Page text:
Former Kansas Senator Bob Dole spoke at Grinnell College Thursday, honoring his fellow World War II veterans and their families. "D-Day we lost 10,000 young men in one day; 10,000 never drew another breath — never had a chance to go to Grinnell College or any other college or to be whatever they wanted to be because they gave their life for us," Dole said. "In the Battle of the Bulge I think we lost about 11,000 in just a few days, so you can’t measure the sacrifices…There’s no way to repay these men and women."
Dole was instrumental in construction of a World War II memorial in Washington, D.C. and he choked up as he explained what it’s like to talk to the other vets who visit the site. "It’s a very emotional experience," Dole said. "…Suddenly they’re walking through this arch and they’re probably thinking about, you know, ‘What was I doing when I was 18, 19, 20?’…I ask them…’Did you shed a tear?’ You can’t think of anything that is more meaningful."
Dole, the 1996 Republican nominee for president, also touted the two books he’s written since then. "The first one was called ‘Great Political Wit’ and the subtitle was ‘Laughing Almost All the Way to the White House,’ and it became a best seller. I don’t know why," Dole said. "…We had so much fun doing that one, we said, ‘Well, let’s try one more’ and it’s called ‘Great Presidential Wit’ and the subtitle was ‘I Wish I Was in This Book.’"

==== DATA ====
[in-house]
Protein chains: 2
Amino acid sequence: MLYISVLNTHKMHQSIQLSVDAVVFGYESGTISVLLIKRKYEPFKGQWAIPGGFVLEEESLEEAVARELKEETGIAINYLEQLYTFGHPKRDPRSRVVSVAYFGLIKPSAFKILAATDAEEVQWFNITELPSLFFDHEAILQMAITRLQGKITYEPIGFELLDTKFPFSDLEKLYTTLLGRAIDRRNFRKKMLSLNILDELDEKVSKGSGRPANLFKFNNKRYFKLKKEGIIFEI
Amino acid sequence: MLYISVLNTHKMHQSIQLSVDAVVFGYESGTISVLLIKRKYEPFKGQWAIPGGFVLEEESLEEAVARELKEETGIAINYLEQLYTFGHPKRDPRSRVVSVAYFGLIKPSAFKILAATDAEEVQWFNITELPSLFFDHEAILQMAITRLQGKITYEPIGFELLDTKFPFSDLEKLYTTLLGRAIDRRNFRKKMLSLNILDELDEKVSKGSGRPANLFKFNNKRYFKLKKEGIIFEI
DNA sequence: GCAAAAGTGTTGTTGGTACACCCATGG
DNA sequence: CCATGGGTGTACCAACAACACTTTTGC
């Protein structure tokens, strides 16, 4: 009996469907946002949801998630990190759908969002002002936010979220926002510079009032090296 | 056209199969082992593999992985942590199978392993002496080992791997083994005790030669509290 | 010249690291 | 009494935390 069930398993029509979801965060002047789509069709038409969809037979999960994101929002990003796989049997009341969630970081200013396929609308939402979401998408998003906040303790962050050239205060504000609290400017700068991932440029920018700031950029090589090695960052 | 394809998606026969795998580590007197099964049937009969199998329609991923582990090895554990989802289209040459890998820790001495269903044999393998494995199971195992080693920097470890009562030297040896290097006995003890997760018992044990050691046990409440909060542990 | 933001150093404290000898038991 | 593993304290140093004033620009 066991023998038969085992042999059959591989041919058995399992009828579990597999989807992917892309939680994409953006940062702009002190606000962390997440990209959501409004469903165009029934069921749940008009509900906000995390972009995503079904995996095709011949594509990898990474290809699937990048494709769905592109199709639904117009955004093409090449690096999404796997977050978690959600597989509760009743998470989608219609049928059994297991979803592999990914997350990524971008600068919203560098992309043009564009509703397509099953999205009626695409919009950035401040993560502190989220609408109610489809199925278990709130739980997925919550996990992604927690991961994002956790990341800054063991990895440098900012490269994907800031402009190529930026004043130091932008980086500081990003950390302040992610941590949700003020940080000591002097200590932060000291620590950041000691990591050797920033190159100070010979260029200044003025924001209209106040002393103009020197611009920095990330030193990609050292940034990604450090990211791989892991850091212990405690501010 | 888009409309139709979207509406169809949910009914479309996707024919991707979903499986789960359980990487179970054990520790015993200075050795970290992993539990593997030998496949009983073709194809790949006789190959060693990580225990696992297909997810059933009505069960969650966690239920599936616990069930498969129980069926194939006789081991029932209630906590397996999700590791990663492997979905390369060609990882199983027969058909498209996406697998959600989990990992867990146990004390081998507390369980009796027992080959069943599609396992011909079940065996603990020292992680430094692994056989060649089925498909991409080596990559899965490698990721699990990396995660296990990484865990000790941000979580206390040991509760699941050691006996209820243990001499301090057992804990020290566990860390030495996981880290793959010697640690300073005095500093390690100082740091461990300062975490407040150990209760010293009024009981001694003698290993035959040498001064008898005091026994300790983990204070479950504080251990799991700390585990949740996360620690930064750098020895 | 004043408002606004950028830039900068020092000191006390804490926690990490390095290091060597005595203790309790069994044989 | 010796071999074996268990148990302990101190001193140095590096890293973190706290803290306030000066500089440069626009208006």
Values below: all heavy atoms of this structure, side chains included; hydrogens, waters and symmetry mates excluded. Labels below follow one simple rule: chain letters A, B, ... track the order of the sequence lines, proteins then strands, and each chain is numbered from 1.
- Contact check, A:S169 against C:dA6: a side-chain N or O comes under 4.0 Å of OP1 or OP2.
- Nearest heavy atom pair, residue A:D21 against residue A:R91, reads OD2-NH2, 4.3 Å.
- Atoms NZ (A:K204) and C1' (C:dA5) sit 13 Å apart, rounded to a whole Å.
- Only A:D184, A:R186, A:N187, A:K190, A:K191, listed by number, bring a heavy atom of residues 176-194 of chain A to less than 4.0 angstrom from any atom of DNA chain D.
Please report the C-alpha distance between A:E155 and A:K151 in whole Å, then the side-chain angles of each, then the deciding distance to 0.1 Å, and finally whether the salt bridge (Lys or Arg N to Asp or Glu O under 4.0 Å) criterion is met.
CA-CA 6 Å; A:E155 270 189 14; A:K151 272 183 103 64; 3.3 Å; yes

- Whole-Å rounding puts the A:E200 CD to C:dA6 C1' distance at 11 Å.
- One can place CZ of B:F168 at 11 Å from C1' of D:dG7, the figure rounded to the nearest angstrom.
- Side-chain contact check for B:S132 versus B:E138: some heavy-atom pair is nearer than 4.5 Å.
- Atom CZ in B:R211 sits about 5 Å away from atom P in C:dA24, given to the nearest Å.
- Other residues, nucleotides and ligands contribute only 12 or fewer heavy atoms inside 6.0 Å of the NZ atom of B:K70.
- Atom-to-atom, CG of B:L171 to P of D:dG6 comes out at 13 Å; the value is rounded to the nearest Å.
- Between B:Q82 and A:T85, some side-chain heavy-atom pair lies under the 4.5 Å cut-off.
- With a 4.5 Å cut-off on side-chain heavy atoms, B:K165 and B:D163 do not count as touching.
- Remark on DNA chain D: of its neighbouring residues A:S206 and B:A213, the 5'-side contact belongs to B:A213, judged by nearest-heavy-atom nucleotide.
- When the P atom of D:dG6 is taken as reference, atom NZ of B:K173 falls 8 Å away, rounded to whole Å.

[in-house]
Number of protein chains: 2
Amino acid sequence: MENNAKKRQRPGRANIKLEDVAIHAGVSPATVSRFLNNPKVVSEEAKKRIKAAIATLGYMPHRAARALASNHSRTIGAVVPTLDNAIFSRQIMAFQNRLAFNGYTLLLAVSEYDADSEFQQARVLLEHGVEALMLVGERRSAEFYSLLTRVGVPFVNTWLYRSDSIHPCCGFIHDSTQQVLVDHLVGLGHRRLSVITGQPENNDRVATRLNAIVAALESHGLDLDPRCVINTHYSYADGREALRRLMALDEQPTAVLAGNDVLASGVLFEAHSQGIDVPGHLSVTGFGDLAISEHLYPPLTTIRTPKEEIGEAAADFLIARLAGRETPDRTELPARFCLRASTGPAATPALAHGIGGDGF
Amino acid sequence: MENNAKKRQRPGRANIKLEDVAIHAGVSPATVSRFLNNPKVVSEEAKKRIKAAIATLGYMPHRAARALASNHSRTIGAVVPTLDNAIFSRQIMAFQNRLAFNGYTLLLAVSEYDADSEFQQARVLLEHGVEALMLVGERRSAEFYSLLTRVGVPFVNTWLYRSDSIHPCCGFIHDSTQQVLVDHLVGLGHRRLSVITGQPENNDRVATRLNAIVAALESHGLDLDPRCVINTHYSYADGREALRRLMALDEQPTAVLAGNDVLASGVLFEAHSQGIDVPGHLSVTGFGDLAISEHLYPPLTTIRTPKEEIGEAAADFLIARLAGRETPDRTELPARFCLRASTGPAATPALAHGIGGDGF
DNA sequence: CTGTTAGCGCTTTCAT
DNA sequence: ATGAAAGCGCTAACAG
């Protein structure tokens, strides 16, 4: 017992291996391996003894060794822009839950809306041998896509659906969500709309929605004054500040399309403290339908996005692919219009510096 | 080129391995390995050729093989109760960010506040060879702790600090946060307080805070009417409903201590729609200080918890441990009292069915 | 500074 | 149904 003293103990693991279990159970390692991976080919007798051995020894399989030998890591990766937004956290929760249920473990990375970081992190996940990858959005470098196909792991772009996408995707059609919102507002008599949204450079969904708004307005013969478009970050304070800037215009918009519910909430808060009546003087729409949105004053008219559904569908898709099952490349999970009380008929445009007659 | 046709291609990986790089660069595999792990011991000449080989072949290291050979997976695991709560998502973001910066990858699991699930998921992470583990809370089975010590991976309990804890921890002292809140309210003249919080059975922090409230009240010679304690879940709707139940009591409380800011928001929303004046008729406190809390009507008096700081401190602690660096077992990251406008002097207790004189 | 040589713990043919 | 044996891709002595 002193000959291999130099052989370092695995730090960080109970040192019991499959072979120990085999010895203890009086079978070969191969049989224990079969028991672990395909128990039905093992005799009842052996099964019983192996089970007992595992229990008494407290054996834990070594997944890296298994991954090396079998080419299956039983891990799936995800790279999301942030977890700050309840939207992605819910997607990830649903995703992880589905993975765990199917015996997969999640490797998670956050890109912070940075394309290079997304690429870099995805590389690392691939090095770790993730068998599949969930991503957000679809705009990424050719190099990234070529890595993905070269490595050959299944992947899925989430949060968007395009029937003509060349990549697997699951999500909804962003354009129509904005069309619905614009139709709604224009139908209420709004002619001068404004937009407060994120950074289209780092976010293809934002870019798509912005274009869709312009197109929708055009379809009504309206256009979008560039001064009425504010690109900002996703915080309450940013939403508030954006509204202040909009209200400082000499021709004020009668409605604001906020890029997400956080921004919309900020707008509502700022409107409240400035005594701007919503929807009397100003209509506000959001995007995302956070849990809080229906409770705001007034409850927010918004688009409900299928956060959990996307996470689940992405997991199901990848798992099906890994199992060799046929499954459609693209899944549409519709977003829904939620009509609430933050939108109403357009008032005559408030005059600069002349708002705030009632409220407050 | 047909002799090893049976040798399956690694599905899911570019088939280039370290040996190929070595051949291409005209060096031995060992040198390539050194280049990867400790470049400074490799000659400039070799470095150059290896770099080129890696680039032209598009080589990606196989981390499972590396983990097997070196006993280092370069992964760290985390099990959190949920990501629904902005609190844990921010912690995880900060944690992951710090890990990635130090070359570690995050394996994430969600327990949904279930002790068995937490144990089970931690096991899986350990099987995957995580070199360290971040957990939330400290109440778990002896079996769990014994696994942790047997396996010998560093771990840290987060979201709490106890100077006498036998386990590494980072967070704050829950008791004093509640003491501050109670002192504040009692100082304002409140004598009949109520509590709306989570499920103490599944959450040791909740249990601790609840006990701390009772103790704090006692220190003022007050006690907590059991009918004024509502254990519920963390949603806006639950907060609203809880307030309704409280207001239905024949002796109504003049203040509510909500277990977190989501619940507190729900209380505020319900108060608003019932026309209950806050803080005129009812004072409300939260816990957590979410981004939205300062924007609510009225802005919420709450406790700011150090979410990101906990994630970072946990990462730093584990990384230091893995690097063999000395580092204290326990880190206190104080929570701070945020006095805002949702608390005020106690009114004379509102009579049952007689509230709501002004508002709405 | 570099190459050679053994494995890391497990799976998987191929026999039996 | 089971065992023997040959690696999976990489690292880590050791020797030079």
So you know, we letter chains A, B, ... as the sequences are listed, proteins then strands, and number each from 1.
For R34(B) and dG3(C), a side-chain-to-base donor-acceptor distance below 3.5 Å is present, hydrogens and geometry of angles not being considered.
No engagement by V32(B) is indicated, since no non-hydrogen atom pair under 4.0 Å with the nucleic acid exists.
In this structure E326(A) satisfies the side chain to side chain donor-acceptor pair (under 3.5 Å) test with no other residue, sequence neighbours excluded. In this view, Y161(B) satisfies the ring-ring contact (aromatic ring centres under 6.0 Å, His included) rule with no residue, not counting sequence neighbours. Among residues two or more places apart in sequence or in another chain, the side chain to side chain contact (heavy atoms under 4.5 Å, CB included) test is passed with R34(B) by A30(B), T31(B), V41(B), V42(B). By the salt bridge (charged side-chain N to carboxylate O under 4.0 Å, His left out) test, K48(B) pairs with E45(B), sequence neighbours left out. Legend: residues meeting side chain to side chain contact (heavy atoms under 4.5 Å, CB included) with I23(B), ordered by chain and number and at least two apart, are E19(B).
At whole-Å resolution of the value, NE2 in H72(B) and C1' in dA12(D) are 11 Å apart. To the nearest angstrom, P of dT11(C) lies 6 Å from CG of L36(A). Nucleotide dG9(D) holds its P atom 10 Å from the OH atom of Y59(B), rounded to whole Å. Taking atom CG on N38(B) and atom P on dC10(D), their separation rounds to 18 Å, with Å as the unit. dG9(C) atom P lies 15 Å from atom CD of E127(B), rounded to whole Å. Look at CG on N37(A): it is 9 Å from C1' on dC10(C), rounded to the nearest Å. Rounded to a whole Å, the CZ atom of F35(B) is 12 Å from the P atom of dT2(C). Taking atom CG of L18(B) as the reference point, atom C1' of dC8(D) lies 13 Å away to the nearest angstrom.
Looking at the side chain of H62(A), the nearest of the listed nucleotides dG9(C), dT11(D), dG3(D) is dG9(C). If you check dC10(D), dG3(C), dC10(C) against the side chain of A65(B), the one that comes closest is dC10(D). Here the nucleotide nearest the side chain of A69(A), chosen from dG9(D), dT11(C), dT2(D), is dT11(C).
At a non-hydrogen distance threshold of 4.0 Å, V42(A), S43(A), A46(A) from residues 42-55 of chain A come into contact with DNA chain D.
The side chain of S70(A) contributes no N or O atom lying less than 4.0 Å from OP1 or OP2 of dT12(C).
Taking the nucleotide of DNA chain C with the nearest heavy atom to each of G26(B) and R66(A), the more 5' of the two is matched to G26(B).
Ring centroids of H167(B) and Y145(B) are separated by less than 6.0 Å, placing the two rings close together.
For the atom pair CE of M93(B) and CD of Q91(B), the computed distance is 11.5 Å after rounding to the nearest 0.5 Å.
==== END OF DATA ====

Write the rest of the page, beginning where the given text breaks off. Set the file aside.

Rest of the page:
Dole’s last book listed the 10 presidents who had the best senses of humor, but according to Dole his publication deadline had to be pushed back because the 2000 election was undecided. "We had to wait because we had to have the Gore and Bush humor, but fortunately we got it all on about a half a page," Dole quipped. The Grinnell audience responded with laughter.
Dole’s book classified Abraham Lincoln as the president with the best sense of humor. "I think he used humor as a crutch to get through each difficult day," Dole said.
About 600 people — including many veterans — gathered to hear Dole speak in Grinnell. The oldest vet in the crowd was 91. Dole is 85. "Now, they call us ‘The Greatest Generation’ — Tom Brokaw did — but I think the greatest generation now are the young men in Iraq and women in Iraq and Afghanistan and Korea and all around the world who are looking out for us. They’re ‘The Greatest Generation’ now and I think we’d be happy to pass the baton because it’s a fact," Dole said. "They’re taking the same risks that we did."
(Chris Johnson of KGRN in Grinnell contributed to this report.)